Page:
Another five-year freelance anxiety contributor seems to be how people have aged. For the parents that got into this to be there for their kids, five years is a long time. A baby is at school. A kid in infants is readying for high school. It’s the beginning of teenager life through to potentially leaving home. That means the primary reason many freelancers start their business might not call the shots as much anymore.
One way to defeat these feelings of “where to next?” is through learning. Freelancers who undertake certificates, courses, PhD’s or even learn new software and techniques for their existing business seem to hit the freelance anxiety walls a little less hard.
So, if you are finding that the challenge has waned and/or your kids or clients are needing you less, spending time exploring new concepts and ideas while learning new things can help.
Don’t overthink – do
When you are anxious, it’s as though every idea has equal weight. They all compete for completion. You pick one and then find half an hour in, you’ve lost confidence that you’ve made the right choice.
As twee as it sounds, the choice is act is the right choice.
While I advocate for planning as a means of reducing freelance anxiety, I also know that planning can and does interview with courage. And sustained progress.
If you are finding that you really can’t do what is in front of you – and you’ve tried, and it is hurting more than it helps – stop. Assess whether the mental punishment will have greater impacts if you indulge it.
Consider whether swapping to another task, one that gives you greater confidence, might be a better idea.
Avoiding what you need to do is not a good pattern to get into. But neither is making every bit of work feel like loathsome homework.
I often find allowing myself to do something that is short yet with a sense of accomplishment that isn’t the days most pressing task can help reassure me. And I find once I gain that reassurance, it’s much easier to do another task and another.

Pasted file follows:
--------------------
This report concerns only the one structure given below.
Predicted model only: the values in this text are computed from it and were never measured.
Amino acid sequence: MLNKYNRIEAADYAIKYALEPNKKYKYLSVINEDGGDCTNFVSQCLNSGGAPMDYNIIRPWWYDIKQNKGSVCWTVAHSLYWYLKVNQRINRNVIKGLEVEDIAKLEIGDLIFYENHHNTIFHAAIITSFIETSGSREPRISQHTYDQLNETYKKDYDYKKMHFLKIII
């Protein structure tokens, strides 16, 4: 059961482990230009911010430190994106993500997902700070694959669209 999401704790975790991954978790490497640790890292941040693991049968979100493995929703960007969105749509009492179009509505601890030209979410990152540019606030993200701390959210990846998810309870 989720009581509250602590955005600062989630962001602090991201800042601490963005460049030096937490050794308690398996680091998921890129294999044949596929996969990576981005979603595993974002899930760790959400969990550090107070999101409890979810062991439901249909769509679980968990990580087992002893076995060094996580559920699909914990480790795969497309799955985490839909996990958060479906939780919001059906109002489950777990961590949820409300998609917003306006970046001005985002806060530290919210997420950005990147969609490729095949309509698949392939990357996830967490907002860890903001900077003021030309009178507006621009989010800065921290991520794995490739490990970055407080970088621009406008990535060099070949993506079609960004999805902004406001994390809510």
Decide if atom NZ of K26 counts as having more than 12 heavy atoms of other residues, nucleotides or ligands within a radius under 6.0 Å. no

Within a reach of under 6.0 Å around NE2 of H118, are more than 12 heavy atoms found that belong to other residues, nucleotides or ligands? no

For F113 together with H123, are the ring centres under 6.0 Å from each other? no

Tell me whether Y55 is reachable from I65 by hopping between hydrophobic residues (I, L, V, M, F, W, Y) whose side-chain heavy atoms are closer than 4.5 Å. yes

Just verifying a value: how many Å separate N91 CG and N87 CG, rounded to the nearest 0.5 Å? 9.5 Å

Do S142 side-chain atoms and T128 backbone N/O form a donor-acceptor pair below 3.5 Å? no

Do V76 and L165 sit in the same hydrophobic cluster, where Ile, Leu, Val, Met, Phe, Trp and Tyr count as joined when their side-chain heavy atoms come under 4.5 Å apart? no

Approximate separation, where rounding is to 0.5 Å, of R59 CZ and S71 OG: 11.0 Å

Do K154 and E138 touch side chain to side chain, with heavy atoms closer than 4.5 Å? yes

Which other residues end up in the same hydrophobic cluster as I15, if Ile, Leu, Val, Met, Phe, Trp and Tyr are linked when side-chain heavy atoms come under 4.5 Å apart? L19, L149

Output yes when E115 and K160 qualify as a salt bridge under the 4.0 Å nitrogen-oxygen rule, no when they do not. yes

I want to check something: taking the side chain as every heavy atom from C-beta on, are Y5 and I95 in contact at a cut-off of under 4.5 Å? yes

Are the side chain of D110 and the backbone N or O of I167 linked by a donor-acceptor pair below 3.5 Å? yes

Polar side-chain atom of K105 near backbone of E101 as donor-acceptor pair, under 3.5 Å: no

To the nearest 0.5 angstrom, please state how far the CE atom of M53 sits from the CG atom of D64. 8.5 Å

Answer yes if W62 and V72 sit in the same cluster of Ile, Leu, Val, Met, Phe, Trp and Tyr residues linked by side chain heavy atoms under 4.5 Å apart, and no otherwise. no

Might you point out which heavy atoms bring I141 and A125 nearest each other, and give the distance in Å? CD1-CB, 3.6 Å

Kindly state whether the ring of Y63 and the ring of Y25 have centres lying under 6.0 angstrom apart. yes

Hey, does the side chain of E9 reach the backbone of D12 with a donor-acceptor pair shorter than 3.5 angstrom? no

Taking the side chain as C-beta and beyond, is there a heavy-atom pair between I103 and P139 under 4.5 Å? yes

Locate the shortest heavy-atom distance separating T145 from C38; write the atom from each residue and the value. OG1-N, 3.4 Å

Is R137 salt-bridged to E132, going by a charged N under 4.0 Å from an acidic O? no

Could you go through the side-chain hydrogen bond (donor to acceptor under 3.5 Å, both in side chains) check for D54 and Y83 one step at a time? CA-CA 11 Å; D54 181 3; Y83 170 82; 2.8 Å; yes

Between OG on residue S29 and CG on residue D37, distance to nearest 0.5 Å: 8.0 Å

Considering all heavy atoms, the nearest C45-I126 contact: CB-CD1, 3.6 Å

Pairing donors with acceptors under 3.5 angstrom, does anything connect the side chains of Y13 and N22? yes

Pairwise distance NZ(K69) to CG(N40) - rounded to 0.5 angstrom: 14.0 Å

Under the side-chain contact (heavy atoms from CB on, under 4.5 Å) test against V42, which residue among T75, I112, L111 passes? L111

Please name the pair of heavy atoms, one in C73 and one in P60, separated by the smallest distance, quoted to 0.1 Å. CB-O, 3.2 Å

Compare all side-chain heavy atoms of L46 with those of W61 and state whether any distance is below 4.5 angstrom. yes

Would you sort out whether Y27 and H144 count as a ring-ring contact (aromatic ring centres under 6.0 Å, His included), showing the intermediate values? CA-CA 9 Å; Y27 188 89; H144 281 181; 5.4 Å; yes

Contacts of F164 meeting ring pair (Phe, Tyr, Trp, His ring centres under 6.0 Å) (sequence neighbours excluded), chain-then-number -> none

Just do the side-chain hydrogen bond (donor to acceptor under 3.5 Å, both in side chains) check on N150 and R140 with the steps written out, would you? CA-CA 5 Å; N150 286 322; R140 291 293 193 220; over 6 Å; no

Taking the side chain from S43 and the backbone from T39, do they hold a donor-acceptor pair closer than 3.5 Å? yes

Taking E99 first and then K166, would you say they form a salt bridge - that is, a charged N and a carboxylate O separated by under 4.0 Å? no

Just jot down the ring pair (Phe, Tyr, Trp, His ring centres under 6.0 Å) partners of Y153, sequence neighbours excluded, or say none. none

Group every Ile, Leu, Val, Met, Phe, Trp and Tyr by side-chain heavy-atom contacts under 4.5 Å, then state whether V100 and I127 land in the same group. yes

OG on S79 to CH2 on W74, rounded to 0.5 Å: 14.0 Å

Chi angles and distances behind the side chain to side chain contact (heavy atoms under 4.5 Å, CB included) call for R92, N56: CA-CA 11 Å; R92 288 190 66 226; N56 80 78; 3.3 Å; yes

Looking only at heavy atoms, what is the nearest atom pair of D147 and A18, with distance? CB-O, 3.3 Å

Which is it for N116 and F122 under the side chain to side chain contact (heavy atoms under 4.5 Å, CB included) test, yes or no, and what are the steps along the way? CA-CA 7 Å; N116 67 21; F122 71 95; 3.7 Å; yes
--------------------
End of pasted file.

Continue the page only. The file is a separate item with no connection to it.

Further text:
This is why I believe we have to recognise that we can be in service to our clients without being in servitude. And that treating every day and every task as something you can’t stand is always going to increase the length and breadth of freelance anxiety.
Avoid the back of the class
Here’s a little secret for anyone who gets the negative “ugh, you can’t do that- it’s silly!” voice accompanying freelance anxiety.
Don’t be around people who speak like that. And don’t be that person about others.
Brains are like caves with echoes. Those moments you listen to someone be mean about someone else or those times you indulge the mean girls’ vibes yourself will come back to haunt you.
Make a conscious decision to avoid the back of the class, snickering. That way, you don’t increase other people’s freelance anxiety or your own in the process.
One thing I noticed when I worked for other people is that I always lived close enough to work to walk to and from home. Instead of catching the train or bus, I saved money and spent time outdoors while moving.
I lost that habit when I started freelancing. I had nowhere to walk to. Or so I thought.
Now, I have realised the error of my ways.
I follow the Bruce Campbell way of doing things. He was asked how he lost weight and had to look younger for ‘The Fall of Sam Axe’ spin off to Burn Notice. He was playing a navy seal many years his junior.